A Review by Polly Wittenberg
The New York theater season is beginning with a bang. The professionals are in town! That is, the Royal Shakespeare Company from Stratford-upon-Avon in the UK has arrived at the BAM Harvey to show us how Shakespeare can and should be done. Something we never see in American productions of the Bardï¿½s works.
This time itï¿½s King Lear, the story of an aging king who decides to divide his realm among his three daughters so he can relax and mooch off them serially for the rest of his life. Unfortunately, the plan fails to take into account the principles of his youngest, most beloved daughter and the desires of the elder pair and their husbands. The play also has lots to say about ï¿½bastardï¿½ sons and the nature of friendship, politics and violence. Unlike others of Shakespeareï¿½s masterpieces, Lear is full of action, not long soliloquies. In a fine production like this one, the 3 1/2 hours it lasts fly by.
The star attraction of this production is the great British stage actor, Sir Ian McKellanï¿½who is better known to movie buffs as Gandalf in ï¿½The Lord of the Ringsï¿½ trilogyï¿½as Lear. McKellan brings every bit of his experience and craft to the role and even strips for a few seconds to reveal fully his very buff (for a senior citizen) physique. His supporters are uniformly a very impressive lot, especially Frances Barber and Monica Dolan as the selfish and evil Goneril and Regan, and Romola Garai as the beautiful and virtuous Cordelia. On the masculine side, there is veteran William Gaunt, noble as the noble Gloucester and, as his evil ï¿½bastardï¿½ son Edmund, Philip Winchester, compelling in his RSC debut season. And I was especially delighted with the contributions of veterans Sylvester McCoy as Learï¿½s Fool and Jonathan Hyde as loyal Kent to an overall grand effort.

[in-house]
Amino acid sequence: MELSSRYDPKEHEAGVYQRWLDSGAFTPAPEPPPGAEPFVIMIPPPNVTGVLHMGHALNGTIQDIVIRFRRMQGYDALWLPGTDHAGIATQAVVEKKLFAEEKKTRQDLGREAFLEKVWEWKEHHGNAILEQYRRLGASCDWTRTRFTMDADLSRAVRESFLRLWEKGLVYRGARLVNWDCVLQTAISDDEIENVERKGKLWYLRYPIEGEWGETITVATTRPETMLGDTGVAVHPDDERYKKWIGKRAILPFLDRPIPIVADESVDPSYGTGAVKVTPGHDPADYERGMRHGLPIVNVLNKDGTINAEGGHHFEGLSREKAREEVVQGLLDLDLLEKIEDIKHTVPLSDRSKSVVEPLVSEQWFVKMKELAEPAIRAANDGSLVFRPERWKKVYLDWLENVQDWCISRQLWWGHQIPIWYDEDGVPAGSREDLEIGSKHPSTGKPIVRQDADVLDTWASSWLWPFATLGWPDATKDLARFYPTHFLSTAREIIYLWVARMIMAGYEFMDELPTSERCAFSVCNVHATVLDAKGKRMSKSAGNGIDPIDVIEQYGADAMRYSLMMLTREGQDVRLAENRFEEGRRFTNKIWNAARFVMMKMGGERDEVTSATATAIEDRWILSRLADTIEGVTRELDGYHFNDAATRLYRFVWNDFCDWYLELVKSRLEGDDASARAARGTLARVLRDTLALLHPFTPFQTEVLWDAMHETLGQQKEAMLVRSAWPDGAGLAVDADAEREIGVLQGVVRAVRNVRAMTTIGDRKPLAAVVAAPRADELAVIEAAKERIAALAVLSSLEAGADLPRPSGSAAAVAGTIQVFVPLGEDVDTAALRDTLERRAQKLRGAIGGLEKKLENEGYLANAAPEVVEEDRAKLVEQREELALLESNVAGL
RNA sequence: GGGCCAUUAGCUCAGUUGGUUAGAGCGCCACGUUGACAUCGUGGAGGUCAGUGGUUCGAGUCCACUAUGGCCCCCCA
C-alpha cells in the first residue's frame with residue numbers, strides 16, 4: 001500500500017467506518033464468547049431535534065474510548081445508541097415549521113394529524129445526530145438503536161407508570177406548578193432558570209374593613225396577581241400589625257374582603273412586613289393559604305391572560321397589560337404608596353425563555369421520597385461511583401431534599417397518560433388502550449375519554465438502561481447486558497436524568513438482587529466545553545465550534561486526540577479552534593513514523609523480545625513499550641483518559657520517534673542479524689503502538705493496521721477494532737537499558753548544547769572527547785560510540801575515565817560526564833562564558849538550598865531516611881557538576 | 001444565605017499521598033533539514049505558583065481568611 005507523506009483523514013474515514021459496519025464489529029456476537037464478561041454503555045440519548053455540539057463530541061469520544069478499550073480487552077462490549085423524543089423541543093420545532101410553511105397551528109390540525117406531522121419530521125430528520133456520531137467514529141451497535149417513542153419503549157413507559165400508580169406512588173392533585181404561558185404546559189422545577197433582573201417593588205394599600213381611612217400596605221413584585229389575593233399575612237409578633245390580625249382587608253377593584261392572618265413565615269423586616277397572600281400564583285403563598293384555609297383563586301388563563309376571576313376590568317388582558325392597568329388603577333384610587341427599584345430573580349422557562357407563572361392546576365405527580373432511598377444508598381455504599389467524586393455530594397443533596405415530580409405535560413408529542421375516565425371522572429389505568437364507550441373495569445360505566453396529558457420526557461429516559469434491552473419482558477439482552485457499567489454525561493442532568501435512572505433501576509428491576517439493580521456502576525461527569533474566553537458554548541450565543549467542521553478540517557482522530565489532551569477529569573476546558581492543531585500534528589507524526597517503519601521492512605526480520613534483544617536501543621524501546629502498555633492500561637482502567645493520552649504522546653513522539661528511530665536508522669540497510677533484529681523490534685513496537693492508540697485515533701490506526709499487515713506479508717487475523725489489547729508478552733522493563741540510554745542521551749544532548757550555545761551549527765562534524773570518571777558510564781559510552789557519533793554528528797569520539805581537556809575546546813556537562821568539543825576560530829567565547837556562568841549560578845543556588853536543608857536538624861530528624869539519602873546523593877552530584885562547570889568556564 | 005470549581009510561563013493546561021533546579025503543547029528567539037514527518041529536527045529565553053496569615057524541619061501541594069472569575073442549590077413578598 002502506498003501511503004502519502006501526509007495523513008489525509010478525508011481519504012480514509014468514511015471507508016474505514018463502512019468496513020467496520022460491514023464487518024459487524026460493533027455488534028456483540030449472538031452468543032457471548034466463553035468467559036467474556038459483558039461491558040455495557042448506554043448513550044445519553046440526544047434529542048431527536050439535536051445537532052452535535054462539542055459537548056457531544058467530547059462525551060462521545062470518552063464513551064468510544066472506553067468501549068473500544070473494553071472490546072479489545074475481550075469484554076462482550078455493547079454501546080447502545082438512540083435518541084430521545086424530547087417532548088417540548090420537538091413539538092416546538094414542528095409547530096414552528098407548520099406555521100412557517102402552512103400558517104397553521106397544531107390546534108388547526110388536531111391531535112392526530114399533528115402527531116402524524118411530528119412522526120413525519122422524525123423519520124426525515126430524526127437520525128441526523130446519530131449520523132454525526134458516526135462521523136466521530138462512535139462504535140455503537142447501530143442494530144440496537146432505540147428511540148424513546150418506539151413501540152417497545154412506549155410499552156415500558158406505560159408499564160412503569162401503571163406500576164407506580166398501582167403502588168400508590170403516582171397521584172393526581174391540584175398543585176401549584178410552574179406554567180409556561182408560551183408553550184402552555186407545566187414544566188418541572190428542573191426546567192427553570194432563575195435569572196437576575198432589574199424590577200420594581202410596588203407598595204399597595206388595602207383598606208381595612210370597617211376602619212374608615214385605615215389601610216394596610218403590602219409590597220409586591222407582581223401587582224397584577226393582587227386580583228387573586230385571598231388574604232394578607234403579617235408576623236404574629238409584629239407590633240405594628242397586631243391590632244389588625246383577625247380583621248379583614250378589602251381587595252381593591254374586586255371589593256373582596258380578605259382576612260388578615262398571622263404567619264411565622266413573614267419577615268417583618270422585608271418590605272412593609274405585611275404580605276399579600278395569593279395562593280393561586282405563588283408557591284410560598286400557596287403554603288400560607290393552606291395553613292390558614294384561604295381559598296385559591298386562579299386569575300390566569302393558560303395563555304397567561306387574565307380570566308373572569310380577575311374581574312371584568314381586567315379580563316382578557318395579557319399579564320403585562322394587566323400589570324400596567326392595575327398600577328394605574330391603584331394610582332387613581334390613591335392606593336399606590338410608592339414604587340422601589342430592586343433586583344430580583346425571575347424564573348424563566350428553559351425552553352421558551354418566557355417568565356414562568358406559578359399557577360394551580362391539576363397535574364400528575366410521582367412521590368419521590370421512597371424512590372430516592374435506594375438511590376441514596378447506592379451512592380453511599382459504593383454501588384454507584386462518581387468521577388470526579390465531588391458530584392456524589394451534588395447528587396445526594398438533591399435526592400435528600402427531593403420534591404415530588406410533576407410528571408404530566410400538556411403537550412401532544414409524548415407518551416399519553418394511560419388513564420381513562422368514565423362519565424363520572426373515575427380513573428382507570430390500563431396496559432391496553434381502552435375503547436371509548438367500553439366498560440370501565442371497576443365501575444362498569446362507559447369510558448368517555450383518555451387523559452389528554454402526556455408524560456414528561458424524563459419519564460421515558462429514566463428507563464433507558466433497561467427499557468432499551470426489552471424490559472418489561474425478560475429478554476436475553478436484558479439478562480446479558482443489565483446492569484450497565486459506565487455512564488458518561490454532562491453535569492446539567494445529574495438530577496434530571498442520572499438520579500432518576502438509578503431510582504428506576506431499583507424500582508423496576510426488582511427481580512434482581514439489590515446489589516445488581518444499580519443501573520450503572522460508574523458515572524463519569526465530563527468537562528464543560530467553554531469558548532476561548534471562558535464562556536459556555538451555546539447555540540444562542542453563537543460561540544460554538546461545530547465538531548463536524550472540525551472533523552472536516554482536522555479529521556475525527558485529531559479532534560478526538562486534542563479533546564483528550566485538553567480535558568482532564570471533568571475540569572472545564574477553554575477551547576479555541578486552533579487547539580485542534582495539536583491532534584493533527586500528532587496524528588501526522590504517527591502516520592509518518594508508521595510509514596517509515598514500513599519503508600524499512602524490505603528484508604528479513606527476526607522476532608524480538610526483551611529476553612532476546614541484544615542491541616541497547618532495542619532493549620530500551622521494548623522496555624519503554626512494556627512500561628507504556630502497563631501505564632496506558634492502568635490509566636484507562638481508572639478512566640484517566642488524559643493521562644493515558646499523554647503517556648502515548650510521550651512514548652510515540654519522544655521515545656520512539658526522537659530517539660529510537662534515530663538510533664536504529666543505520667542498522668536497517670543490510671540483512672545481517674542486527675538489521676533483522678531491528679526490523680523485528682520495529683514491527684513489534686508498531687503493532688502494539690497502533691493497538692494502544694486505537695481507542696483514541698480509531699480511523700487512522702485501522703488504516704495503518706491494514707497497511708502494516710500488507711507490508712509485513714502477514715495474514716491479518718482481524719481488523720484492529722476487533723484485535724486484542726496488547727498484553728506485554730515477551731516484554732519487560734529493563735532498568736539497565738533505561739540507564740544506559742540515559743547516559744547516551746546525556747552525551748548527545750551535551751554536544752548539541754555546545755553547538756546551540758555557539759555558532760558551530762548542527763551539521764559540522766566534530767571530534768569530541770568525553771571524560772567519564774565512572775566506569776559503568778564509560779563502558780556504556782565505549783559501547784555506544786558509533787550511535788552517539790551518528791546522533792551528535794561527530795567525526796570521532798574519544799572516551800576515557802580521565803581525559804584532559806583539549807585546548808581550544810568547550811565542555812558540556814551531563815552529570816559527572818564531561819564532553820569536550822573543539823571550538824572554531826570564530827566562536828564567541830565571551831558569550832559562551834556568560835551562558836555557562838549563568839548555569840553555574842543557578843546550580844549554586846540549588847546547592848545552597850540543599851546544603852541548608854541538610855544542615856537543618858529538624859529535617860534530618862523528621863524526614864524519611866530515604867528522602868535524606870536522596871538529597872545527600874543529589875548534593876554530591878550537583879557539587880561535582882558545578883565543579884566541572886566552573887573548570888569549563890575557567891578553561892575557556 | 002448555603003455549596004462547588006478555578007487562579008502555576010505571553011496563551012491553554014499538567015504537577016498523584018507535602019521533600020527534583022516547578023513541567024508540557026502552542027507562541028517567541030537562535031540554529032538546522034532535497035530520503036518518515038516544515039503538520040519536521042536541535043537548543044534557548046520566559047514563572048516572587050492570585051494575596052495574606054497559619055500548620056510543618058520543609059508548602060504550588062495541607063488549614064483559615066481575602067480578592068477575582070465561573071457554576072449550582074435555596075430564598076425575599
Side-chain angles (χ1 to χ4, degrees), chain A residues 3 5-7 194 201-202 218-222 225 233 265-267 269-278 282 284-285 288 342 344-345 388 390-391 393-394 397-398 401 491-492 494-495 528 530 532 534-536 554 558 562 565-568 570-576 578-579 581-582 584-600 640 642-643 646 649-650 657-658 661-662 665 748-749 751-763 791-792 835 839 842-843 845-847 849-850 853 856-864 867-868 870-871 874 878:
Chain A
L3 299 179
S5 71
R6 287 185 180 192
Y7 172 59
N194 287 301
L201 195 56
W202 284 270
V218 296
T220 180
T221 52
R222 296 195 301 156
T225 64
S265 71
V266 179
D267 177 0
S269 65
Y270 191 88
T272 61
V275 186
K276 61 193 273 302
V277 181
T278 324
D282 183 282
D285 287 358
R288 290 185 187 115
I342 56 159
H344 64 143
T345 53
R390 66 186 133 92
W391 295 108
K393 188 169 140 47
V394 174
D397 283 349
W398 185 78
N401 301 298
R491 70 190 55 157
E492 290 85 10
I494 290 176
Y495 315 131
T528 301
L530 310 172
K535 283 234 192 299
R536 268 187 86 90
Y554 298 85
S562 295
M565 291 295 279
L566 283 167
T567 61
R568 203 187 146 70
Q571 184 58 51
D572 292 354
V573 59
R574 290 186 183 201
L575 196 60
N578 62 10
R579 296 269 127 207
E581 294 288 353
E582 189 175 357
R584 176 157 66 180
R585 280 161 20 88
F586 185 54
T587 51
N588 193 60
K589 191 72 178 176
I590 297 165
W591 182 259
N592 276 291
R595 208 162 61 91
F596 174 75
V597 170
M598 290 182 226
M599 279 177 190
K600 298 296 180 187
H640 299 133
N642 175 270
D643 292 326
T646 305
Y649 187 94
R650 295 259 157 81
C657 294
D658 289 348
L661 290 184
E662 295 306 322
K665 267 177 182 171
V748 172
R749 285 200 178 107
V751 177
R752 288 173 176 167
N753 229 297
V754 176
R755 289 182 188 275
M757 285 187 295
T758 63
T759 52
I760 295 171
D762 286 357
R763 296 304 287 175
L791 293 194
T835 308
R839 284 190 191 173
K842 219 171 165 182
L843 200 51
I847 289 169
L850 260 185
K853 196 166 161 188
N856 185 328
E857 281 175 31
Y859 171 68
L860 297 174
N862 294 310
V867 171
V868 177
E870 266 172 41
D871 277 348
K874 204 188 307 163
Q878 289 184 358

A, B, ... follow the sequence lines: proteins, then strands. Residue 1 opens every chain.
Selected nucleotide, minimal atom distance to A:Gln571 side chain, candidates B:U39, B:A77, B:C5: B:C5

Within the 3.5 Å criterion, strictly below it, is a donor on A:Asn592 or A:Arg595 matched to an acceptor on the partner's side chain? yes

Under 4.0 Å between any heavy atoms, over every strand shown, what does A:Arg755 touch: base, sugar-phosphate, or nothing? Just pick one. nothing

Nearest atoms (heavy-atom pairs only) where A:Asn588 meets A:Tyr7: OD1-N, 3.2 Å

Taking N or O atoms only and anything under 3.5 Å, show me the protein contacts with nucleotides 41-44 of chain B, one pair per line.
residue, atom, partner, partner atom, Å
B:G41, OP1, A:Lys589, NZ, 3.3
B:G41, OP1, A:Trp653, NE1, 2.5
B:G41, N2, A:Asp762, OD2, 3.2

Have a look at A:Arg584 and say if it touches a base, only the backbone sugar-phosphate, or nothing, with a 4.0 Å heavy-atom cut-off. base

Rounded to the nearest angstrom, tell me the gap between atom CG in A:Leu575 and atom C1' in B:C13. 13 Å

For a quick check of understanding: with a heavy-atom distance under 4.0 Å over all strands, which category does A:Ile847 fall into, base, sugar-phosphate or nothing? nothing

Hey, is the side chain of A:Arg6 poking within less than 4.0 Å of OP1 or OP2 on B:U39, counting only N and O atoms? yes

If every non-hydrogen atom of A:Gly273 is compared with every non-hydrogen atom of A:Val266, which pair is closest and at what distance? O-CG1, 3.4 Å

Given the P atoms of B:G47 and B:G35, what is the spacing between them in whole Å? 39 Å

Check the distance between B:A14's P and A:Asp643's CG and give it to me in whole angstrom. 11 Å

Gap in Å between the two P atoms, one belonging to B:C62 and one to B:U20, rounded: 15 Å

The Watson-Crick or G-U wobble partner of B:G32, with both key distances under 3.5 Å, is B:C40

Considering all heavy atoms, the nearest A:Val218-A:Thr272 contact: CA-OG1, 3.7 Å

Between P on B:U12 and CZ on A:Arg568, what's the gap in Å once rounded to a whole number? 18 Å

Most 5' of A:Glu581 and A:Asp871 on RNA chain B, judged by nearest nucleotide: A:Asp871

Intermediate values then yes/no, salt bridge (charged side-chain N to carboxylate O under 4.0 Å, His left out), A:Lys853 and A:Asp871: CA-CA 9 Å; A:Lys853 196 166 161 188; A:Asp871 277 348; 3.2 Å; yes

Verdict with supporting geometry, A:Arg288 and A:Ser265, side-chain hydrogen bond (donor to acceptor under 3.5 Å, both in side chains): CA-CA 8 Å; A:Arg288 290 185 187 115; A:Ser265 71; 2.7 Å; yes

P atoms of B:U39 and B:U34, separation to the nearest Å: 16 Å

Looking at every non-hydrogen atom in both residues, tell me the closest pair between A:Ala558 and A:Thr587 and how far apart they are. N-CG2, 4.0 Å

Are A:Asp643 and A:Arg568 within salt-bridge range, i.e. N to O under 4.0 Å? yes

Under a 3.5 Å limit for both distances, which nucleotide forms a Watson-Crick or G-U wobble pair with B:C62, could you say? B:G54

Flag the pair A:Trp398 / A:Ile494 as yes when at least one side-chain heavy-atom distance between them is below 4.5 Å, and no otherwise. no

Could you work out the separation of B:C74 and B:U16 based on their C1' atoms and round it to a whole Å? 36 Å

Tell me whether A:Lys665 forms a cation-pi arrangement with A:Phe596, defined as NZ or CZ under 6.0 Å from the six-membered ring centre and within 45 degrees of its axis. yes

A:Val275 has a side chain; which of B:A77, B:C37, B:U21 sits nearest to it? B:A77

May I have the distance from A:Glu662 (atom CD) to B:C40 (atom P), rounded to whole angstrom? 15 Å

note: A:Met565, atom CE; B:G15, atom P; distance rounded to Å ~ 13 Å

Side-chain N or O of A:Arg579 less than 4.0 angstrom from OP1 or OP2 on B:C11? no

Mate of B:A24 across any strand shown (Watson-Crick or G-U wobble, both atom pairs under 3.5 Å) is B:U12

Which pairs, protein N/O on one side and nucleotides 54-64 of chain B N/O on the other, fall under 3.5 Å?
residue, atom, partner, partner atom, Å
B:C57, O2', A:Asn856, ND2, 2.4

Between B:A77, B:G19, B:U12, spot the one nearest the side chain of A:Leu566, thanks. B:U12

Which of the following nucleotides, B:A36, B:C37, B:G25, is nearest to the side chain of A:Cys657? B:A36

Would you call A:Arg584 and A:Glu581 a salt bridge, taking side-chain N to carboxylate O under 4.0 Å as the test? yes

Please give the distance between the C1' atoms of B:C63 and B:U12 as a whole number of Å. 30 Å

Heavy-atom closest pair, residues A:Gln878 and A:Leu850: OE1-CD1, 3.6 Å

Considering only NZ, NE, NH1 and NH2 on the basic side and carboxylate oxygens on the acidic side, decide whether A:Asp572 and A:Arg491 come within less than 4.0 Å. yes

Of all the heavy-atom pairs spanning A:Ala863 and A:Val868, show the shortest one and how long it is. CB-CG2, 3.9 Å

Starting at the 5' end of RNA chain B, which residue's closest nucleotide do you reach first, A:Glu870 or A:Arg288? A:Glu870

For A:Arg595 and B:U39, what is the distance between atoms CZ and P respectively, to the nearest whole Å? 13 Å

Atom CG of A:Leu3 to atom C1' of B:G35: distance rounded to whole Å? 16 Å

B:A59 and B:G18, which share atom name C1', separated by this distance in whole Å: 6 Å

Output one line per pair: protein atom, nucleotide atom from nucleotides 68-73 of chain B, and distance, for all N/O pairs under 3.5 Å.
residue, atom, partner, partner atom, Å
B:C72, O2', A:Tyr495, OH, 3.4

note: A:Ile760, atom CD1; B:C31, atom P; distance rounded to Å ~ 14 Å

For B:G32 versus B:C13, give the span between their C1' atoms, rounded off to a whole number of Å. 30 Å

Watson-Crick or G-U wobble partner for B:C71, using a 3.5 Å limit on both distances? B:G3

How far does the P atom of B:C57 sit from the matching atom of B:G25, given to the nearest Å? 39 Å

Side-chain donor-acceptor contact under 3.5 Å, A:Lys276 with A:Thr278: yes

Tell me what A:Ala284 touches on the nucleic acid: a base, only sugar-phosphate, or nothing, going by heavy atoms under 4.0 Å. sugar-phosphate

These sterling forces were marshaled with great aplomb and pace by the great veteran director Trevor Nunn who really knows how to grab the audience membersï¿½ attention and shut them up. From the moment the musical fanfare blared at the opening of Act I and the actors in gorgeous costumes strode down the heart of Christopher Oramï¿½s grand but crumbling set (which looked perfect in the Harvey) to perform a sort of shadow dance preview of the tragedy to follow, there was nary a cough or a peep from anyone in the audience until the thunderous standing ovation that followed the final scene which had the dead bodies of practically all the main characters arrayed around the stage. Powerful stuff.
There have been several other productions on this play in New York over the past several years. One, starring the estimable Christopher Plummer, was a traditional lugubrious staging from the Shakespeare Festival at Stratford, Ontario. Another was a hodge-podge at the Public Theater starring the fine American actor Kevin Kline whose performance in this role was competent but no more.
The RSC Lear at the BAM runs only through September 30 and is sold out. But, if you care about Shakespeare or just great theater, I urge you to try to get a ticket. No matter what you pay a scalper, itï¿½ll be cheaper than a trip to London where this production will land in the West End in November.